This feature is still in need of testing, so please grab a snapshot and test!

The Spectre of Meltdown | BSD Now 228

We review the information about Spectre & Meltdown thus far, we look at NetBSD memory sanitizer progress, Postgres on ZFS & show you a bit about NomadBSD.

Code stuff

In Other BSDs for 2018/01/13
Microcode updates on DragonFly
IBRS and IBPB support in DragonFly
CPU microcode update code for amd64 for OpenBSD
HAMMER1, mounted and unmounted cleanup

Interesting articles

Handling of CPU bugs disclosure 'incredibly bad': OpenBSD's de Raadt
Running CentOS with Bhyve
July-September 2017 FreeBSD Status Report

BSD News 08/01/2018

Last week in BSD

News: DragonFly BSD, NetBSD, BSDSec, HardenedBSD, Meltdown, Spectre, MirOS, OpenBSD, FreeBSD, BSDnow, 
Releases: HardenedBSD


NetBSD Security Advisory 2018-002: Local DoS in virecover
NetBSD Security Advisory 2018-001: Several vulnerabilities in context handling 


HardenedBSD-stable 10-STABLE v1000050.1

Downloads here, release notes here.


OpenBSD Response to the "Meltdown" Vulnerability

A message to tech@ from Philip Guenther (guenther@) provides the first public information from developers regarding the OpenBSD response to the recently announced CPU vulnerabilities:

 So, yes, we the OpenBSD developers are not totally asleep and a handful of
us are working out how to deal with Intel's fuck-up aka the Meltdown
attack.  While we have the advantage of less complexity in this area (e.g.,
no 32bit-on-64bit compat), there's still a pile of details to work through
about what has to be *always* in the page tables vs what can/should/must be
Read it.

Meltdown and Spectre and DragonFly

By now you’ve probably heard of the Meltdown/Spectre attacks.  (background rumors, technical note)  Matthew Dillon’s put together a Meltdown mitigation in DragonFly, done in four commits.
It’s turned off and on by the sysctl machdep.isolated_user_pmap – and defaults to on for Intel CPUs.  Buildworld tests show about a 4-5% performance hit, but that’s only one form of activity, measured, so there will surely be other effects.
Note that Spectre is not mitigated by this commit series, and as I understand it, cannot be realistically fixed in software.
Update: Matthew Dillon posted a summary to users@.

MirOS - The Intelpocalypse

The unveiling of the three new CPU bug classes, collected in the two brandbugs “Meltdown” and “Spectre”, has mostly shocked the BSDs; I’ve got it on some authority that even FreeBSD was not informed ahead of time, left alone the others. Thanks to laffer1 from MidnightBSD for a couple of heads-up warnings into our direction!
Here’s what I could gather until now (please do correct me if I’m wrong):
Meltdown is specific to Intel® CPUs with out-of-order execution, that is, all P6-class (Pentium Pro/MMX, Pentium Ⅱ, but not Pentium Ⅰ/MMX) or newer (except old Atom) CPUs. It appears to allow user processes to read kernel memory, but not across VMs, nor to attack a hypervisor. A variant for ARM exists but AMD’s x86 CPUs are supposedly safe. The KAISER/FUCKWIT/UASS/KPTI patches for Linux fix this, at huge performance cost on x86, not so much on ARM, and no cost for unaffected CPU models (runtime detected).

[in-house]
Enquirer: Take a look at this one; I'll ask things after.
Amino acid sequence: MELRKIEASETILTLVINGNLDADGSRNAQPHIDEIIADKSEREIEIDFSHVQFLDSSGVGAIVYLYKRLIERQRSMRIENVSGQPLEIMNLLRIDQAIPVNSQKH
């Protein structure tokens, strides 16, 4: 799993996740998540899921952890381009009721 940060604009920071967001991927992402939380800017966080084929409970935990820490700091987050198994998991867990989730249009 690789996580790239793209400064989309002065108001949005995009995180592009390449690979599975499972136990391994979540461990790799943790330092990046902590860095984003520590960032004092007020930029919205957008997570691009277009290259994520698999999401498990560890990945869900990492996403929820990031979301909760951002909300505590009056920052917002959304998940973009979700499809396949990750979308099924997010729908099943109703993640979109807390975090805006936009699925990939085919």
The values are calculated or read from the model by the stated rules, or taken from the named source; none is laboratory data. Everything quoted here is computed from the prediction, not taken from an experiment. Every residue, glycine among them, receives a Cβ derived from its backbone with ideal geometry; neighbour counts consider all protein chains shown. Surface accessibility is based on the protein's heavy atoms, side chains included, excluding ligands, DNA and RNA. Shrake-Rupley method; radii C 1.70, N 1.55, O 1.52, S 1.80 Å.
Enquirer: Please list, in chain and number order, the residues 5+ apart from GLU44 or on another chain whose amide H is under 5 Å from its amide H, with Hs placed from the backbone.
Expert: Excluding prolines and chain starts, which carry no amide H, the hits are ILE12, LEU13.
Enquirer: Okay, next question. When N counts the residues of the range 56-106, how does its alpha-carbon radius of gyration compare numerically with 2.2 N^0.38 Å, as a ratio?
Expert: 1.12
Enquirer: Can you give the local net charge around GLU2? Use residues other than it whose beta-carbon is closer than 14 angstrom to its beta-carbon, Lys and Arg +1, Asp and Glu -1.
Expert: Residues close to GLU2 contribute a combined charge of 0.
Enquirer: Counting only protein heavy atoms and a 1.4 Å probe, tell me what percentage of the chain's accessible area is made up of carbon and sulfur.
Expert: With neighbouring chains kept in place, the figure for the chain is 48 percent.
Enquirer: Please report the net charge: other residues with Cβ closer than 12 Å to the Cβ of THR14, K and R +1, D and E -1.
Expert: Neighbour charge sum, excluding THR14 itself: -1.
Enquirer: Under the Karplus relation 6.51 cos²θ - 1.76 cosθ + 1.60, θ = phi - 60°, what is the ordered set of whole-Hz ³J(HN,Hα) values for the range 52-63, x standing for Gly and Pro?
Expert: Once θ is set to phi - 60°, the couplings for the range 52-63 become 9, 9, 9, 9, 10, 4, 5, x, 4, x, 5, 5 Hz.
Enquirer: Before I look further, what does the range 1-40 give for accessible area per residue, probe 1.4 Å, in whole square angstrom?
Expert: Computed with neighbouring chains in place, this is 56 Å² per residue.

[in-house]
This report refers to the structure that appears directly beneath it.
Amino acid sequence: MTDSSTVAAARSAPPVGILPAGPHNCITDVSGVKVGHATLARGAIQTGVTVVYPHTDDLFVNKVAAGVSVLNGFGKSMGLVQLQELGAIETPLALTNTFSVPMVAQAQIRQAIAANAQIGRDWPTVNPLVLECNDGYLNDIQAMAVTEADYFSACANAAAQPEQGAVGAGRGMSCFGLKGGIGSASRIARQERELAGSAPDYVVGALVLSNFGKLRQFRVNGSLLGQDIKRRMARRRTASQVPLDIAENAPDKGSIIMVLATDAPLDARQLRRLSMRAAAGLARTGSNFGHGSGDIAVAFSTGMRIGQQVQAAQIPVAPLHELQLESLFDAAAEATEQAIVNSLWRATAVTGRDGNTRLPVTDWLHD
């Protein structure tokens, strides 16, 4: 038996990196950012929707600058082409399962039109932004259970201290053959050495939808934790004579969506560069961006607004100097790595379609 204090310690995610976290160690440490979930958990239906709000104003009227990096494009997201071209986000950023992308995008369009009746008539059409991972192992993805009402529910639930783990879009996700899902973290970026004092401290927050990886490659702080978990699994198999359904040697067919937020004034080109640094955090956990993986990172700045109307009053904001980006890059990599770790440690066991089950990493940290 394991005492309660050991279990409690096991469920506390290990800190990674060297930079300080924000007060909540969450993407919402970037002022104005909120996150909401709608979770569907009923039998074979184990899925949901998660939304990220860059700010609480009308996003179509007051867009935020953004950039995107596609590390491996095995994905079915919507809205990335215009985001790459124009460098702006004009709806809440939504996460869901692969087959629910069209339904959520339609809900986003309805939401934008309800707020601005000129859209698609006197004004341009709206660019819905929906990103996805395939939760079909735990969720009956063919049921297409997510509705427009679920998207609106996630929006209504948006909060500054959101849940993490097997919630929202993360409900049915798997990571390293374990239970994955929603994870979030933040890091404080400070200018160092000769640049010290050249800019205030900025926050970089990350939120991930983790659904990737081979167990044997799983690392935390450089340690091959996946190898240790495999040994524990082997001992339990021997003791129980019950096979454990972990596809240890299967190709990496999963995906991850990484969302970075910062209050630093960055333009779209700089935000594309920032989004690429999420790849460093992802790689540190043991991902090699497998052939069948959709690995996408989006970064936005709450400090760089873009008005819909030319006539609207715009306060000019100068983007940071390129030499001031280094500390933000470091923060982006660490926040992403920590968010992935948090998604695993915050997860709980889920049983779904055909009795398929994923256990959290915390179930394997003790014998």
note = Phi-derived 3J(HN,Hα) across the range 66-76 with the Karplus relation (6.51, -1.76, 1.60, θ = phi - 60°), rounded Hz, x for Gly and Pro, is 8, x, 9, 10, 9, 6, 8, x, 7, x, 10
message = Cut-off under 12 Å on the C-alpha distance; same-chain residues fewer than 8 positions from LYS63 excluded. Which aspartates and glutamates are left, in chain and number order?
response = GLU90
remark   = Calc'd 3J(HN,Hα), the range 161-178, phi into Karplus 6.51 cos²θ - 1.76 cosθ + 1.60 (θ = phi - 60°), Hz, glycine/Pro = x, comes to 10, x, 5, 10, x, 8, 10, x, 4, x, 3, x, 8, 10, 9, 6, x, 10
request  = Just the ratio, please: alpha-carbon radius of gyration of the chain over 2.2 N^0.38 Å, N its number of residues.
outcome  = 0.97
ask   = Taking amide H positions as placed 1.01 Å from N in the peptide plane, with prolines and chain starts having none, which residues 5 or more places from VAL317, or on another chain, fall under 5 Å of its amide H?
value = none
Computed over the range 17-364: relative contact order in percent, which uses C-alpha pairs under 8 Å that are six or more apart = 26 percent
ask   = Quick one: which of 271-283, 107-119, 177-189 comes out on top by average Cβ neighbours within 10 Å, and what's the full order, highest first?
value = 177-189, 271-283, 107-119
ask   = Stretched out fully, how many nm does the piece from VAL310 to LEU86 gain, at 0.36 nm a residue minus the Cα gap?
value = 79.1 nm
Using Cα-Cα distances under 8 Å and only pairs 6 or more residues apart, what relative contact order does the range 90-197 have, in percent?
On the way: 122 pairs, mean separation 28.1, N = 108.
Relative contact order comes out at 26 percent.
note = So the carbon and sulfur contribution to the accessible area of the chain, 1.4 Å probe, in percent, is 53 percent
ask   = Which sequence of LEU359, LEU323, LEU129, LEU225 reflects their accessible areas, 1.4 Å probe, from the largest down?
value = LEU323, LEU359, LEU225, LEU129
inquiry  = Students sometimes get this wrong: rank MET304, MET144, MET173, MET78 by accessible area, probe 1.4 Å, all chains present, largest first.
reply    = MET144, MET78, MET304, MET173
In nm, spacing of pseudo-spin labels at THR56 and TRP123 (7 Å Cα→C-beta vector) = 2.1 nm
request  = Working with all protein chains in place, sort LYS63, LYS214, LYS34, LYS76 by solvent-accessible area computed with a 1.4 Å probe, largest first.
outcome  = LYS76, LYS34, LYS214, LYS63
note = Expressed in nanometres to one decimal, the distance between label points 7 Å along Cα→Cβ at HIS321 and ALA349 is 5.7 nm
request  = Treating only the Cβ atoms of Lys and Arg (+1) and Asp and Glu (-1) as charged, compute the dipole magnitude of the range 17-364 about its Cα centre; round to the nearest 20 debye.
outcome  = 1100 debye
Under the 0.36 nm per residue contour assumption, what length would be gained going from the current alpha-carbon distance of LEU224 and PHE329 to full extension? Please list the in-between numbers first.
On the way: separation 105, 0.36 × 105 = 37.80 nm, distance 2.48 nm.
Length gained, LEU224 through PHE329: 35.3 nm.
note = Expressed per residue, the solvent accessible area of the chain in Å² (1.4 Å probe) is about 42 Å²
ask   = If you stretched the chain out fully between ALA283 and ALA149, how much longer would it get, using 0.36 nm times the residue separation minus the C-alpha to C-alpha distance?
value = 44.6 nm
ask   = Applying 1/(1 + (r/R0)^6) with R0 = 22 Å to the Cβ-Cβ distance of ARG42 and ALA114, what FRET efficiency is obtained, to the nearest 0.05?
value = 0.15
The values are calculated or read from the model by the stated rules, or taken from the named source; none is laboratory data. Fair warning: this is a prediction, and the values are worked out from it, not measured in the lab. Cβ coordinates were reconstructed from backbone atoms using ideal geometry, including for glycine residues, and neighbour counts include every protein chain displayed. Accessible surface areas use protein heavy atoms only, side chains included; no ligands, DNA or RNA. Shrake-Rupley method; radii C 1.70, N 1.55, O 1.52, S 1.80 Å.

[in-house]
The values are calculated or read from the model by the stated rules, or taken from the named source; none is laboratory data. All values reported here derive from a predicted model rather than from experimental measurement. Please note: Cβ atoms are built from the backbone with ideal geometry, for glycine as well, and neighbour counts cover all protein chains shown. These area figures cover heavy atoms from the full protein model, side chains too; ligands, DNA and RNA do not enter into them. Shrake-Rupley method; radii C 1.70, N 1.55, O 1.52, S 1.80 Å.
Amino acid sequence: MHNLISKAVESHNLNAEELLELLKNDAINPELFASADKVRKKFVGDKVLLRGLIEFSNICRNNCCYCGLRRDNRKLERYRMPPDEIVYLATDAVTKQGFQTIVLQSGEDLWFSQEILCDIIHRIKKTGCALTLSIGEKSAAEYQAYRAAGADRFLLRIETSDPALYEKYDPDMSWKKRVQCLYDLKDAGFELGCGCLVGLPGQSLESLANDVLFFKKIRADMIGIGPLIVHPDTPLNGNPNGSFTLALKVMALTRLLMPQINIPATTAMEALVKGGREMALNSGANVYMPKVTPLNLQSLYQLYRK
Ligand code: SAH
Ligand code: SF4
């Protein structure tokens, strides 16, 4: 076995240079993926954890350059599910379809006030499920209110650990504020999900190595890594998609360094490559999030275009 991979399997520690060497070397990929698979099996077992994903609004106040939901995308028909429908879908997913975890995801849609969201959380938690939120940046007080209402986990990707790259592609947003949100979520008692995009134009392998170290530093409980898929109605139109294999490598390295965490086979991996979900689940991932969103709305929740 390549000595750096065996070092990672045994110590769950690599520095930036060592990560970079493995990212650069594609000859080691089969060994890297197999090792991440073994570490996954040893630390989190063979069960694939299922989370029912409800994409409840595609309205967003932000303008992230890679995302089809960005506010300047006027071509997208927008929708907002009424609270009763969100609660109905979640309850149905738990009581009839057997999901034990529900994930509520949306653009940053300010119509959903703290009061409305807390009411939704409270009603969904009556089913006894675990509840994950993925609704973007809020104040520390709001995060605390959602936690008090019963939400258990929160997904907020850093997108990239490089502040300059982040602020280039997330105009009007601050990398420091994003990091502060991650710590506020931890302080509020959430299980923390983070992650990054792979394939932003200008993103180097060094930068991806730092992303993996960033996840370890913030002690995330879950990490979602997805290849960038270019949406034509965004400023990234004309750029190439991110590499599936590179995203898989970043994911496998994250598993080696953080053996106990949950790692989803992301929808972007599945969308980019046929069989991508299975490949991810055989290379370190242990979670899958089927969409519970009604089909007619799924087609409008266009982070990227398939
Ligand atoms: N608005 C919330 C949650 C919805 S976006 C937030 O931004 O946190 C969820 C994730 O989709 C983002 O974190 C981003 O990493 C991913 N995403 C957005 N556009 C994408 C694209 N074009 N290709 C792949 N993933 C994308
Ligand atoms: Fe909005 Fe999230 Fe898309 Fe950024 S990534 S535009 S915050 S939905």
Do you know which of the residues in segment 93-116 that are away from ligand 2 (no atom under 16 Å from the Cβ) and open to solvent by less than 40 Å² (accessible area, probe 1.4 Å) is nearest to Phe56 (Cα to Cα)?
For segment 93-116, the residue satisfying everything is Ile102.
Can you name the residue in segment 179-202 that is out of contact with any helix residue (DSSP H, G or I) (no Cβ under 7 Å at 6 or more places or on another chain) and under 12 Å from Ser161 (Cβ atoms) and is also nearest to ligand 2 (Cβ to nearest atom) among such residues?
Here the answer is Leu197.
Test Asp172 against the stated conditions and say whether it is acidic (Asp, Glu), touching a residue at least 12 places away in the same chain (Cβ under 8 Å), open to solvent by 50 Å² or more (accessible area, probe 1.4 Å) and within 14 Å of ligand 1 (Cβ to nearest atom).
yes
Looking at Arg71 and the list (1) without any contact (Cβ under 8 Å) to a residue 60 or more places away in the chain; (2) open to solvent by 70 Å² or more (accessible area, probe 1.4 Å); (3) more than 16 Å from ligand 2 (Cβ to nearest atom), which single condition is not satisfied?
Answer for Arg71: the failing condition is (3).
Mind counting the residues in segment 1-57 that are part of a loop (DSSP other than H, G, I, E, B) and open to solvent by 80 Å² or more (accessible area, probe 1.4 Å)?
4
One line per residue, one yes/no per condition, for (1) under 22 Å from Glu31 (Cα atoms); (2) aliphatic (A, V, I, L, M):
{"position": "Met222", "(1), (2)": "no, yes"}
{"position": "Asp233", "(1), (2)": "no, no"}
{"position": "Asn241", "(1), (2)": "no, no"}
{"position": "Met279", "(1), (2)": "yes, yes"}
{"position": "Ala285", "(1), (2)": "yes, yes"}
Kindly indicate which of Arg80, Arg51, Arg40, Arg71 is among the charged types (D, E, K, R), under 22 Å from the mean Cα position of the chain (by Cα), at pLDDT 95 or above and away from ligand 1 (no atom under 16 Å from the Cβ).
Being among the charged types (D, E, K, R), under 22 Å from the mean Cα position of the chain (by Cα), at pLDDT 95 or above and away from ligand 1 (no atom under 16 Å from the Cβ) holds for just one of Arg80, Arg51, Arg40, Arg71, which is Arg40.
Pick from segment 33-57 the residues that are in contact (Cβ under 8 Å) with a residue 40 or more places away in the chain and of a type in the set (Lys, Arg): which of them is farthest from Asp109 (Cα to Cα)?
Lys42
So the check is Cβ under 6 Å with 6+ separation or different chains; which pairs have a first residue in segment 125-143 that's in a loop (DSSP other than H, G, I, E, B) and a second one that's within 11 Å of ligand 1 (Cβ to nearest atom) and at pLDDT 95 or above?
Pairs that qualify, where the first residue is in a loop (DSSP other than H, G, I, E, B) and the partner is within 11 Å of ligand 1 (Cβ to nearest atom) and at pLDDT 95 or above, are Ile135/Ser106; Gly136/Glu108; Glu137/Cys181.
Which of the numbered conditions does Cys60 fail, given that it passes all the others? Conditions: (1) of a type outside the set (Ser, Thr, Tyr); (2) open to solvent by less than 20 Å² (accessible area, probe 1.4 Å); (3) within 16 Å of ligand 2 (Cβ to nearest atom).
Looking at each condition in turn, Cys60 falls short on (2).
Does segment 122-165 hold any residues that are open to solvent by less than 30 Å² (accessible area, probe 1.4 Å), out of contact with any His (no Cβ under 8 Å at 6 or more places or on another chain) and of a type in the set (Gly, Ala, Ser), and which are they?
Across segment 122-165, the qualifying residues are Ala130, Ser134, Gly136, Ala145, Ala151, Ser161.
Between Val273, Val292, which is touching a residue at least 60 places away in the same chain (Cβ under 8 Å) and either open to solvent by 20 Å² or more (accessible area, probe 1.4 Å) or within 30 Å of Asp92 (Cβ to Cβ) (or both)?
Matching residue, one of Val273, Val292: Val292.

Spectre affects x86, ARM, POWER CPUs and possibly others. I’ve not yet found information on whether it is also limited to CPUs with out-of-order executions, but it seems likely. SPARC CPUs might be safe; Solaris/SPARC64 is safe due to the way its memory addressing works. If the OOO execution assumption is true, 80486 and P5 class x86 CPUs are also safe. This one does allow cross-VM and hypervisor attacks, so if the bare metal CPU is vulnerable, SOL. There does not yet seem to be a generic fix; some hint at having to patch the compiler and recompile everything with a workaround that has a performance cost, even if the CPU is not affected, or was fixed with a microcode update. AMD’s x86 CPUs are partially hit, one of the variants does not work on them.
“CERT recommends throwing away your CPU and buying an non-vulnerable one” (thanks to El Reg), but nobody states which CPUs are not vulnerable.
At the present time, we suggest any MirBSD/i386 instances that run on any CPU other than an 80486 or P5-class (Pentium Ⅰ or a non-PPro MMX) to be restricted to single user or trusted user access only, and no untrusted software including ECMAscript to be run on them.
Watch this space for updates. Oh, and, if you know what you’re (and I’m) talking about, please, again, do provide me with information necessary to provide those updates, both to MirBSD and to this space.

FreeBSD About the Meltdown and Spectre attacks

FreeBSD was made aware of the problems in late December 2017. We're working with CPU vendors and the published papers on these attacks to mitigate them on FreeBSD. Due to the fundamental nature of the attacks, no estimate is yet available for the publication date of patches.

HardenedBSD announcing the 2018 donation run

We've just published our goals for 2018. We've got a number of new goals planned, some that require new infrastructure. In 2018, we plan to migrate at least 90% of our infrastructure to a single data center in addition to expanding out existing infrastructure.

Hello, HelBUG

More user group news: Helsinki, Finland, has a new BSD User Group: HelBUG.  First meeting is February 7th.  There’s no mailing list/site that I know of, yet.

The long core dump | BSD Now 227

We walk through dumping a PS4 kernel in only 6 days, tell you the news that NetBSD 7.1.1 has been released, details on how to run FreeBSD on a Thinkpad T470 & there’s progress in OpenBSD’s pledge.

Code stuff

NetBSD: the LLVM Memory Sanitizer support work in progress
In Other BSDs for 2018/01/06